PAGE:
Petroleum Marketers Respond to Costco's Attempt To Settle 'Fair Fuel' Lawsuit

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Petroleum Marketers Respond to Costco's Attempt To Settle 'Fair Fuel' Lawsuit

By Barbara Grondin Francella

ARLINGTON, Va. – When Costco last week agreed to settle a lawsuit over the sale of "hot gasoline" by installing automatic temperature compensation (ATC) equipment at the pump, the Consumer Watchdog group applauded the move. Other players in the gasoline industry, however, made a few other gestures.

Facing litigation from consumer groups who say drivers are getting less gasoline than they pay for when the motor fuel expands at temperatures 60 degrees expands, Costco agreed to install (ATC) equipment at its pumps. The move, which got wide press coverage, would affect Costco motor fuel sales in Arizona, California, Florida, Georgia, Kentucky, Nevada, New Mexico, North Carolina, Tennessee, Texas, Utah and Virginia. The deal, if fully approved, would go fully into effect within five years and remove Costco from national and state class action lawsuits by drivers.

"It is very troubling to me, but it is mostly a PR stunt, at the expense of 160,000 other gasoline retailers," said Dan Gilligan, president of Petroleum Marketers Association of America, based here. "Installing ATC on retail pumps is not legal in any state, except California, and that is a toss up." [California has not forbidden the use of the pumps, but has no structure in place to inspect them.]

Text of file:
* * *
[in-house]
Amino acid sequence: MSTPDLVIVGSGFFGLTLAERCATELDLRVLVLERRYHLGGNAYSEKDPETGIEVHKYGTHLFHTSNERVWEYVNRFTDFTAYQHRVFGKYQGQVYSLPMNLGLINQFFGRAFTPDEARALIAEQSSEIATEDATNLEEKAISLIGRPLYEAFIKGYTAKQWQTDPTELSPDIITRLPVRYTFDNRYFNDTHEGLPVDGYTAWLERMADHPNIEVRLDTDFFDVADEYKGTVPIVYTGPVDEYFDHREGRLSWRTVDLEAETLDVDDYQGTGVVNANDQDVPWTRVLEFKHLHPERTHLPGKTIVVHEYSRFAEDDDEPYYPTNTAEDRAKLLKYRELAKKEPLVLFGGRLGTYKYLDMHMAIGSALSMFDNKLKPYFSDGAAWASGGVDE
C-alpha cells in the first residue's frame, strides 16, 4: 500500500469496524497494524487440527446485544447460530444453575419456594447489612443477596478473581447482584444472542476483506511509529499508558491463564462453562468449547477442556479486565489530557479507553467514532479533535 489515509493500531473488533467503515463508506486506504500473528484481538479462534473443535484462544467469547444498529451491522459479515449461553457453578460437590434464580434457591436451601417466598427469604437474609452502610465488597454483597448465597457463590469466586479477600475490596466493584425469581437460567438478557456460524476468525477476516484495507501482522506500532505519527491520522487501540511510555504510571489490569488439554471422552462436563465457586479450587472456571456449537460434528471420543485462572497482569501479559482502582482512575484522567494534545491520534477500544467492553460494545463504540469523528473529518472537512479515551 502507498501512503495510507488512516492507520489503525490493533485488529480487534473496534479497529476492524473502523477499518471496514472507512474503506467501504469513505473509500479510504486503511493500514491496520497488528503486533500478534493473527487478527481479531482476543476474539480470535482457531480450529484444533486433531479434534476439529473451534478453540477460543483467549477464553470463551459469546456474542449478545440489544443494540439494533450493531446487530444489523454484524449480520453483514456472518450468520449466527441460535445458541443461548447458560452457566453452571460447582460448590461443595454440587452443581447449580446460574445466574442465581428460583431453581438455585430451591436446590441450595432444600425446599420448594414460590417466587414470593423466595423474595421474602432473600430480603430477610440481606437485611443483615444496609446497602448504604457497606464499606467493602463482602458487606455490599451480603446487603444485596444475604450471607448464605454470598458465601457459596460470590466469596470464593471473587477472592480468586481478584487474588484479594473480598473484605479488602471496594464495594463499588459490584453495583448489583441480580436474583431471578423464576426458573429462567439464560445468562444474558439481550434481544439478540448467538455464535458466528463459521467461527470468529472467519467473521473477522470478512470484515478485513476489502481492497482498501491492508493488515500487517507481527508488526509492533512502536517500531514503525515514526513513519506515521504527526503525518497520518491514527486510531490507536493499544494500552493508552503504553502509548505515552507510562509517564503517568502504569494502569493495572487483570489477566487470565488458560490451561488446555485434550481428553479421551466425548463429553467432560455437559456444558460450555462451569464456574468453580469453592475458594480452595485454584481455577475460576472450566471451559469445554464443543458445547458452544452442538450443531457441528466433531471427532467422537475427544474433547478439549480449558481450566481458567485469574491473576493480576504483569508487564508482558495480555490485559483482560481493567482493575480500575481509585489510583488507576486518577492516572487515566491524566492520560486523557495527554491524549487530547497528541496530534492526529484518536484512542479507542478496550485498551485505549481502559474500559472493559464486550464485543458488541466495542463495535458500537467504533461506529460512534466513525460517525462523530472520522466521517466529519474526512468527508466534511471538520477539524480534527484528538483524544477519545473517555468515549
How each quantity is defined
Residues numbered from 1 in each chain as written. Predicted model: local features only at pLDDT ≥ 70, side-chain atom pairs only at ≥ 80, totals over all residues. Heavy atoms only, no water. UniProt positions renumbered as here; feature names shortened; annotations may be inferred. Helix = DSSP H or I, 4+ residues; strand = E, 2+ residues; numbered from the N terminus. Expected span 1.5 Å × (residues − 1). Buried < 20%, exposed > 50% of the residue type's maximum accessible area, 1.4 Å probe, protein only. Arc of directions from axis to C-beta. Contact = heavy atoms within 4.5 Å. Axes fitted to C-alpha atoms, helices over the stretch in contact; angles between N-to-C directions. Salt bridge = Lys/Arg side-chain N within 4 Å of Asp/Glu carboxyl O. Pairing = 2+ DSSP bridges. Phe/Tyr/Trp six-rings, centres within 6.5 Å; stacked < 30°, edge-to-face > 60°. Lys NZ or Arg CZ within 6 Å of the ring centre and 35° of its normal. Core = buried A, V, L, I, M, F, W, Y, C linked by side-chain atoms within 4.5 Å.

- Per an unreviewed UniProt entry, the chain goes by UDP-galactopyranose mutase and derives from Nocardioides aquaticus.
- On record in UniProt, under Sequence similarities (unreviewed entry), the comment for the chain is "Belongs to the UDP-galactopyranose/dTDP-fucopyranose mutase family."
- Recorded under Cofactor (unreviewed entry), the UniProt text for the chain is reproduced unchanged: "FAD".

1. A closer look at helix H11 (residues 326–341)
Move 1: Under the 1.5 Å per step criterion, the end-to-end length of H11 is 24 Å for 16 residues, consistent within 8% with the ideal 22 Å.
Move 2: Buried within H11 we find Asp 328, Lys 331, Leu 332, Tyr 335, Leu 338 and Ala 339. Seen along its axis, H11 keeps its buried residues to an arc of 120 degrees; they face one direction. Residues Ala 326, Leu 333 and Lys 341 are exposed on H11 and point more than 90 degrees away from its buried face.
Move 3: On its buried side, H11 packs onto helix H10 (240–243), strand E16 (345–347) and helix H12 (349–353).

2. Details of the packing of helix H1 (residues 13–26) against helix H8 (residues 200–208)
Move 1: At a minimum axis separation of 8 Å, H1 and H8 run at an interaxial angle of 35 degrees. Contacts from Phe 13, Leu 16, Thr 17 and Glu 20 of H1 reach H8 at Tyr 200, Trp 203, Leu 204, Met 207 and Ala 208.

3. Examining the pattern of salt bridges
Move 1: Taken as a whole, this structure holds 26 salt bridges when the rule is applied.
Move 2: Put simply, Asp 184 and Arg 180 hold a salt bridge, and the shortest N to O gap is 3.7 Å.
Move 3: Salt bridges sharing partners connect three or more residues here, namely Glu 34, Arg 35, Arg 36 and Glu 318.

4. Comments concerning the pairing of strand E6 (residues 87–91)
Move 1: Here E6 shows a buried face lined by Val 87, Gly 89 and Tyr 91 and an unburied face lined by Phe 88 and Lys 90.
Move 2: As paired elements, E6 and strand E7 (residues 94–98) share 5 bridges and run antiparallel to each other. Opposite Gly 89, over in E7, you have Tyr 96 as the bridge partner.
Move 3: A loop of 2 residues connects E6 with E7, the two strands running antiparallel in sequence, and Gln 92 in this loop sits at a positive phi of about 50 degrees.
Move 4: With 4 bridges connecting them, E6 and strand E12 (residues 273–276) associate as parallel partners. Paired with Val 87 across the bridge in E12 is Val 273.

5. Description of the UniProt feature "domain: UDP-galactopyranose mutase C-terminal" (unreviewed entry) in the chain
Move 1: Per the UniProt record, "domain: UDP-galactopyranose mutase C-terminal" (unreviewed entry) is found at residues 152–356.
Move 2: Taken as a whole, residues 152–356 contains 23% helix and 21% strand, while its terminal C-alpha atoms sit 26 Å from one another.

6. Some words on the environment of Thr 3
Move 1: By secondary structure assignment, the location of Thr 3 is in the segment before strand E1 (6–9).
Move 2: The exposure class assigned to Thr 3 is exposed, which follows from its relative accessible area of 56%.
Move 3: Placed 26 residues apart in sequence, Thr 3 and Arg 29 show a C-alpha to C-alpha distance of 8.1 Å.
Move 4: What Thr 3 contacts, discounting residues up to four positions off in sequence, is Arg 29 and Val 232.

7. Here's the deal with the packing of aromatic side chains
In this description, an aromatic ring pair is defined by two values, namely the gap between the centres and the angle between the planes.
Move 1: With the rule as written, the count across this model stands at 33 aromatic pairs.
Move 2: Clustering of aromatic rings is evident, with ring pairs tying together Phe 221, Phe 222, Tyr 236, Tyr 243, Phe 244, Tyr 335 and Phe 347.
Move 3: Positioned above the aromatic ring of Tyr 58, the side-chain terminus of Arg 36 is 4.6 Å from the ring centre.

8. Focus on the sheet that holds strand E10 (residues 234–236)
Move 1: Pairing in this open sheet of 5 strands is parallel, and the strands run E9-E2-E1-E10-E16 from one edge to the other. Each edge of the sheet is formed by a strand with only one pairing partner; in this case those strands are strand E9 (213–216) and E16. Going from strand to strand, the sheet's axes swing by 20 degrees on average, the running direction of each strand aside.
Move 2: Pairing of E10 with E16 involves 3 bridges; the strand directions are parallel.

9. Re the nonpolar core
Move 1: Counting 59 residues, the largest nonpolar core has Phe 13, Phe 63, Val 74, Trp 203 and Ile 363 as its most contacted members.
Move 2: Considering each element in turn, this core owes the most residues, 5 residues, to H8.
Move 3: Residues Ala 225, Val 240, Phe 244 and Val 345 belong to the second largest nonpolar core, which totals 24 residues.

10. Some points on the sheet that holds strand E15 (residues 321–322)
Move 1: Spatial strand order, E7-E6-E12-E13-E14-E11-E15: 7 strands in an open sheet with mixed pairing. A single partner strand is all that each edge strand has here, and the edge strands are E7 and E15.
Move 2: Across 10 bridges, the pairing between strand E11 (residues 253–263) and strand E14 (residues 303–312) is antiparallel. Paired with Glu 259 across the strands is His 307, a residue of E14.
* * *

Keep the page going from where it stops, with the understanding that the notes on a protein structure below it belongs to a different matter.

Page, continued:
ATC pumps should not be permitted, Gilligan told CSNews Online. "It is an easy way to cheat people if you use ATC in an unregulated fashion. Retailers could turn ATC on cold days and turn it off on warm days. Also, the ATC may be calibrated incorrectly. Without inspectors, this would all be on the honor system.

"But it saves Costco the costs of defending themselves in this class-action litigation," Gilligan added, noting there are 120 other retailers and groups being sued. "And Costco gets the public relations bump, proclaiming they are going to install ATC, insinuating it is good for consumers. But ATC at retail is not legal, and won't be for many, many years going forward, if it ever is.